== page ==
In the last few decades there’s been a lot of emphasis on saving energy. For example, furnaces have had their minimum efficiency level updated in 2009 and again in 2012. In terms of water conservation, however, there hasn’t been as much regulation.
These days, however, the push is on to save more water than ever, without compromising the comfort you get from a nice hot shower.
Why are Canadians so Concerned About Water Usage?
Here are a few Canadian water usage facts:
- Less than 3% of the water that comes out of our taps is used for drinking. The rest is bathing, brushing teeth, washing dishes – or it just goes down the drain.
- The average household uses 250 Litres of water per day (as of 2011). While staggering, the good news is that the number seems to be slowly going down over time.
- Canadians pay less for their water than almost any other developed country. One study showed that we paid $0.34/1000 L, with Aussies paying the most at $1.47/1000 L.
- In 1994 17% of municipalities were reporting water shortages.
- 14 – 30% of municipal water is lost due to pipeline leaks.
It looks like both consumers and municipalities are pressing for change, however. Young first-time home buyers are expecting green features in their homes. Home builders are finding that meeting the LEED (leadership in energy and environmental design) program standards is a great way to sell houses. The number of home builders asking manufacturers for water-saving plumbing fixtures has almost doubled in the past 15 years.
Municipalities are also struggling with out of date sewage treatment systems. The new Wastewater Systems Effluent Regulations state that cities must treat sewage before it is released into a river or the ocean. It was estimated that about 25% of Canadian municipalities would need to upgrade their treatment facilities, and they were given until 2020-2040 to do so (depending on the level of harmful material being released).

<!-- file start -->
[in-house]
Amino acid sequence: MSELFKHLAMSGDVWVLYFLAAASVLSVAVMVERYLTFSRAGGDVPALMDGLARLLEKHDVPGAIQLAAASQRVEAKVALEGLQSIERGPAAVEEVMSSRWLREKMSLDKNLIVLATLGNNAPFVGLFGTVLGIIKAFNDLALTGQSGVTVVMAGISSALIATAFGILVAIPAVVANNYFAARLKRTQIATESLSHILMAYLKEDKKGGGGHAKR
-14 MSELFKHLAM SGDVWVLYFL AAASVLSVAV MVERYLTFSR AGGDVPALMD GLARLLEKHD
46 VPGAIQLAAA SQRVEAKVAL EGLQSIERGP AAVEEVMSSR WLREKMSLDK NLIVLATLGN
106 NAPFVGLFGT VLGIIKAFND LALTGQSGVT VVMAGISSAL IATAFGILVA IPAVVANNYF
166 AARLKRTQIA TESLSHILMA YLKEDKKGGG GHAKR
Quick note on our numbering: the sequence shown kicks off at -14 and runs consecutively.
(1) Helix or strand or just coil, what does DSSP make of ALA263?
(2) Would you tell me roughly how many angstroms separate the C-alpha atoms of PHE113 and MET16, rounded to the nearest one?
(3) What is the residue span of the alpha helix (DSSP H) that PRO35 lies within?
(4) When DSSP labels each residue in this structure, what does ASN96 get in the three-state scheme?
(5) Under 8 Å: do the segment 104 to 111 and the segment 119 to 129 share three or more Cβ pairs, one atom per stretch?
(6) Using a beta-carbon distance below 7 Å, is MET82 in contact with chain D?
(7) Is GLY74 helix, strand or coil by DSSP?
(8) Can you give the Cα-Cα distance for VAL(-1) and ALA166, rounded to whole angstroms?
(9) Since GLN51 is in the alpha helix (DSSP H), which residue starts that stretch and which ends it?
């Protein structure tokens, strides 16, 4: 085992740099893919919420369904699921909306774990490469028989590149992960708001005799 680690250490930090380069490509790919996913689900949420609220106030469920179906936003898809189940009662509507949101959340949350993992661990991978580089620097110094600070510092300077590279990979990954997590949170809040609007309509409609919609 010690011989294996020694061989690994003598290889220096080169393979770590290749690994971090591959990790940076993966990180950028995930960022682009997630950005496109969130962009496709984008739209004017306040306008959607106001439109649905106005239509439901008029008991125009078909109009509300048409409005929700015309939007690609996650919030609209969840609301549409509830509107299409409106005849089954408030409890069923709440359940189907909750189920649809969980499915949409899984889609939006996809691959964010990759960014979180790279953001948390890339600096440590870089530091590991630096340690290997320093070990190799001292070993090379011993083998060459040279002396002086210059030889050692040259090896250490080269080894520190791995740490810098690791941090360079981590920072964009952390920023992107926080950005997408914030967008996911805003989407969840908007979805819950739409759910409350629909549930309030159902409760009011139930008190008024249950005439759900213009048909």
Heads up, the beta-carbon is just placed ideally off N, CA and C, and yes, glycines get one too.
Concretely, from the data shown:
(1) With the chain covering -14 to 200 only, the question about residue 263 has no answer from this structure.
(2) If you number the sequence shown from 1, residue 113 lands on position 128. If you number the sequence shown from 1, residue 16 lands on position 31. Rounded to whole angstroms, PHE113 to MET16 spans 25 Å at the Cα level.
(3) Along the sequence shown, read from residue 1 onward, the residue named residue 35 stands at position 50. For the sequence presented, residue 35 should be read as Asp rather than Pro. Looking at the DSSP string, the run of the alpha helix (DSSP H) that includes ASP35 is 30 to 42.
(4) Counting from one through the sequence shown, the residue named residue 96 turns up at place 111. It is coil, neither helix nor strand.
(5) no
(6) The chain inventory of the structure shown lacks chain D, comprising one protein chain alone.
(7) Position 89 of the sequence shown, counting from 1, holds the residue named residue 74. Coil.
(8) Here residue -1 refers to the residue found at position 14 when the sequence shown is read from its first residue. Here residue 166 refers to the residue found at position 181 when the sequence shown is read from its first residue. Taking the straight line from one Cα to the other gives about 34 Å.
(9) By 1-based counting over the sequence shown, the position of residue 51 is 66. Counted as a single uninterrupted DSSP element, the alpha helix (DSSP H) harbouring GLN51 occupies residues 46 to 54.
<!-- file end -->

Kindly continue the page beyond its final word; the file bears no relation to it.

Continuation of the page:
The latest National Plumbing codes for 2015 provide the following restrictions on plumbing installed in new construction:
- Shower heads can only allow up 7.6 LPM/2 GPM of water flow.
- Bathroom faucets can only permit 5.7 LPM (1.5 GPM).
This will mean we match the WaterSense program in the United States. Toilets are still allowed to flush 13 litres across the country except in Ontario (which restricted toilet flush volumes to 6 litres per flush) and other select municipalities. Calgary is offering its own rebates, for example, to encourage us to get rid of our old water waters.
The New Fixtures: Invisible Water Savings
While people want to save water, they still want to feel like they’re getting a similar experience as with their old, water wasting fixtures. This has spurred manufacturers to use better design to close the gap. Most plumbing fixture companies mix air with the water to give people a similar volume with shower heads and faucets. Some pressurize the water so that it comes out with the right force. If you’re planning to retrofit a shower head, you just need to ensure that the scald-prevention valve will still work.
The challenge seems to be with kitchen faucets, where people notice the difference in the time it takes to fill a pot of water. Some manufacturers like Delta have solved the problem with a dual-flow faucet that allows you to switch between more or less flow. If you need a lot of water, you can get it, but you’ll still be saving water if you’re cleaning a pot.
On most manufacturer sites, you can shop for faucets by a water-saving category.
What Else Can You Do?
Aside from following our water saving tips, one of the most important things you can do is to be careful what you put down the drain or use in your garden. For example, 2,4-D, found in many household herbicides, can contaminate 10 million litres of drinking water. One drop of oil can contaminate 25 litres of drinking water.
With a combination of smart habits and a few select fixture upgrades, you can do a lot to conserve water. The extra benefit is that you’ll save a lot on your water bill at the same time!